By Catholic Online (NEWS CONSORTIUM)
10/21/2012 (2 years ago)
Catholic Online (www.catholic.org)
American health care pioneer Mother Marianne Cope was canonized this past weekend. Mother Marianne, renowned for her work with Hansen's disease, is one of only 10 Americans thus far to have achieved sainthood.
LOS ANGELES, CA (Catholic Online) - In the late 19th Century in Hawaii, people afflicted with Hansen's disease - more popularly known as leprosy then - were banished to live in leper colonies separated from their families and friends.
Banished to the remote island of Molokai, they remained at this leper colony for the rest of their lives. Children of lepers became orphans.
When an island priest sent out word to 50 religious organizations, all others were too fearful save for Mother Marianne who gladly responded. Before journeying to the leper colonies, she radically changed medical practices on the mainland.
Mother Marianne opened and operated some of the first general hospitals in the United States, St. Elizabeth Hospital in Utica, New York, in 1866 and St. Joseph's Hospital Health Center in Syracuse, New York, in 1869. Both remain in operation today.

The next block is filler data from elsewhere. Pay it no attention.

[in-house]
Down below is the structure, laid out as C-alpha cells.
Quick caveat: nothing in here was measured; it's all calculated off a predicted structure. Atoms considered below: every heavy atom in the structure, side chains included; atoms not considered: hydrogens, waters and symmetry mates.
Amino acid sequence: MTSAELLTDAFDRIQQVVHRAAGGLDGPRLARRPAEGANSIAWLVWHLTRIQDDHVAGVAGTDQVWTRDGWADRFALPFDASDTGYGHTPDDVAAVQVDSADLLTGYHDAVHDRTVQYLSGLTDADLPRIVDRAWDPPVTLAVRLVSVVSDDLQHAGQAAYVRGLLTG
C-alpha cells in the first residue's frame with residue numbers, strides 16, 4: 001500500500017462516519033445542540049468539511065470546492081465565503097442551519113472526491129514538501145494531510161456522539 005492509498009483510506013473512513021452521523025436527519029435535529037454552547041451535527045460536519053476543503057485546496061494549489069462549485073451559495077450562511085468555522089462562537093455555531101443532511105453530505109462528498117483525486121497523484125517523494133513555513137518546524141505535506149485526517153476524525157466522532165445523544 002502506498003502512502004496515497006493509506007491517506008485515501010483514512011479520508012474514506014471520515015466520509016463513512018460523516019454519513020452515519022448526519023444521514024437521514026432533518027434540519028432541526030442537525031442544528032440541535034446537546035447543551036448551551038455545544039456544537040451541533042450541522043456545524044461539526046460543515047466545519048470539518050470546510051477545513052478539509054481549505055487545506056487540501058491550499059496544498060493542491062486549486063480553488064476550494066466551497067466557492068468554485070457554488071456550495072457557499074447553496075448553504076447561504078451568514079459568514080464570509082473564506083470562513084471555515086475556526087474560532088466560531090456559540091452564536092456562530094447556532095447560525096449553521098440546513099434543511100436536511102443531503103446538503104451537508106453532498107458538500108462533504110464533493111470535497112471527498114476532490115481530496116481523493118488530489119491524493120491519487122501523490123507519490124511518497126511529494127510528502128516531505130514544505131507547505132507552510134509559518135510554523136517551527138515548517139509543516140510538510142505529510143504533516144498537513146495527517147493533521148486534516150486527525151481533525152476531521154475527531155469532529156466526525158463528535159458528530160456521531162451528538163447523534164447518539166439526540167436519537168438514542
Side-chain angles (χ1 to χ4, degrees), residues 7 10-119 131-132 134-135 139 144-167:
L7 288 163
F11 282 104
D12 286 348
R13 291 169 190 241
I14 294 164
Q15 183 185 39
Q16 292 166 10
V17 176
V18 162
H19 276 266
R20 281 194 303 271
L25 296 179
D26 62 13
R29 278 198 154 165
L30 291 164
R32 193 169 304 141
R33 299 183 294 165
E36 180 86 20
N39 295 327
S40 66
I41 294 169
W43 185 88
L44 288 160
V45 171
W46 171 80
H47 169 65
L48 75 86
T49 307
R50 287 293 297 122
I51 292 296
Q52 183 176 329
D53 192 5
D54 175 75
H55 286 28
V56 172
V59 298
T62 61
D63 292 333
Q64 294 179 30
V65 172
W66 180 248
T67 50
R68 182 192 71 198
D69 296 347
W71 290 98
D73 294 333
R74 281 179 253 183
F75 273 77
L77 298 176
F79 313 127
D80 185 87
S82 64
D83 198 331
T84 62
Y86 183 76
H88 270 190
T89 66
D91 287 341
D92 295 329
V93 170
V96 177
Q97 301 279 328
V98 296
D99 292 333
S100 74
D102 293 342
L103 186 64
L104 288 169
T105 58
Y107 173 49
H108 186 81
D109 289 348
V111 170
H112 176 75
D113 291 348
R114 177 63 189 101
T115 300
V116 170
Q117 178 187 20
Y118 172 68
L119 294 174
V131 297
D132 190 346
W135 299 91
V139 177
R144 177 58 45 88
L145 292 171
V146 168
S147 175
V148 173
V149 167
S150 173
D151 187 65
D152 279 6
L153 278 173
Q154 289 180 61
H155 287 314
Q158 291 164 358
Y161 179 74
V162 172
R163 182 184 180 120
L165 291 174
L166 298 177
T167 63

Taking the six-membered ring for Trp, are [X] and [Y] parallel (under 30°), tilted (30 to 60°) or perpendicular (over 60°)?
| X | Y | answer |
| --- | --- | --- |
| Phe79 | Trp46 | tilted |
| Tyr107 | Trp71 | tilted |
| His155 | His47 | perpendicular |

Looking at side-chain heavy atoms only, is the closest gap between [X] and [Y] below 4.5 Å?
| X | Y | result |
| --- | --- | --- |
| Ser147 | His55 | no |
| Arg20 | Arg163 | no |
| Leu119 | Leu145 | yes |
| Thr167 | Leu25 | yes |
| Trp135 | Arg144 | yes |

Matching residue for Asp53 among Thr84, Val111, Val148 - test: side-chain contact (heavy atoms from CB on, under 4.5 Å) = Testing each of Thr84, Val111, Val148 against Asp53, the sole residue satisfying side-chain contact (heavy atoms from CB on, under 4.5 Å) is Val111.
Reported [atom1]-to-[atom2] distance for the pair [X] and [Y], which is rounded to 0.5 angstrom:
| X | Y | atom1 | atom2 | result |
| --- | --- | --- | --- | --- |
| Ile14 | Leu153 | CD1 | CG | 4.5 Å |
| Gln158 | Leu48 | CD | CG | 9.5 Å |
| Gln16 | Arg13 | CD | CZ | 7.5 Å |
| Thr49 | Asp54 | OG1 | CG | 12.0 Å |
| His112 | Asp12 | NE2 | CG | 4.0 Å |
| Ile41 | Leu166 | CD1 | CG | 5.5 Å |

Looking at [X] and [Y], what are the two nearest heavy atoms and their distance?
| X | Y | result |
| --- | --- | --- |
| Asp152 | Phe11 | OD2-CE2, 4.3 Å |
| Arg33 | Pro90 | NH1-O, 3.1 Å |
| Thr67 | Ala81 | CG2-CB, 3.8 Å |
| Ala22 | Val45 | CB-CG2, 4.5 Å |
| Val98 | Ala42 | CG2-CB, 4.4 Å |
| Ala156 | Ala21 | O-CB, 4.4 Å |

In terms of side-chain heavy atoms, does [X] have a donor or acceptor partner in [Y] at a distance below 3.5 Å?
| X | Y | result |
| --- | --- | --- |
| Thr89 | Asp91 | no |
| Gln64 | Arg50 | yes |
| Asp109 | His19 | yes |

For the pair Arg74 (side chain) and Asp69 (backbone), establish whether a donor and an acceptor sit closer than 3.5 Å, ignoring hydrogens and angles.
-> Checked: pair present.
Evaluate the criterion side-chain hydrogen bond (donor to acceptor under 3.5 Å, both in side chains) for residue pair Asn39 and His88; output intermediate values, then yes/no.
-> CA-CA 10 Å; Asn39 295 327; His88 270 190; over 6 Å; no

Prior to the inroads made by the Mother Marianne, hospitals in the U.S. had an unsavory reputation. Many were staffed with unknowledgeable people and were filthy. Many went to hospitals to die. Mother Marianne began to change all that by instituting cleanliness standards. The simple act of hand-washing between patient visits cut the spread of disease significantly.
"She was a wonderful hospital administrator and really started the patients' rights movement and truly changed how people cared for the sick," Sister Patricia Burkard says, who until recently held the same office Mother Marianne did as head of her religious congregation, now known as the Sisters of Saint Francis of the Neumann Communities.
In addition, Mother Marianne made sure the medical facilities welcomed all people regardless of race, creed or economic standing, decades before desegregated hospitals. She was harshly criticized for treating alcoholics. She treated their problem, which was seen by many experts as a moral failing unworthy of help, as a disease.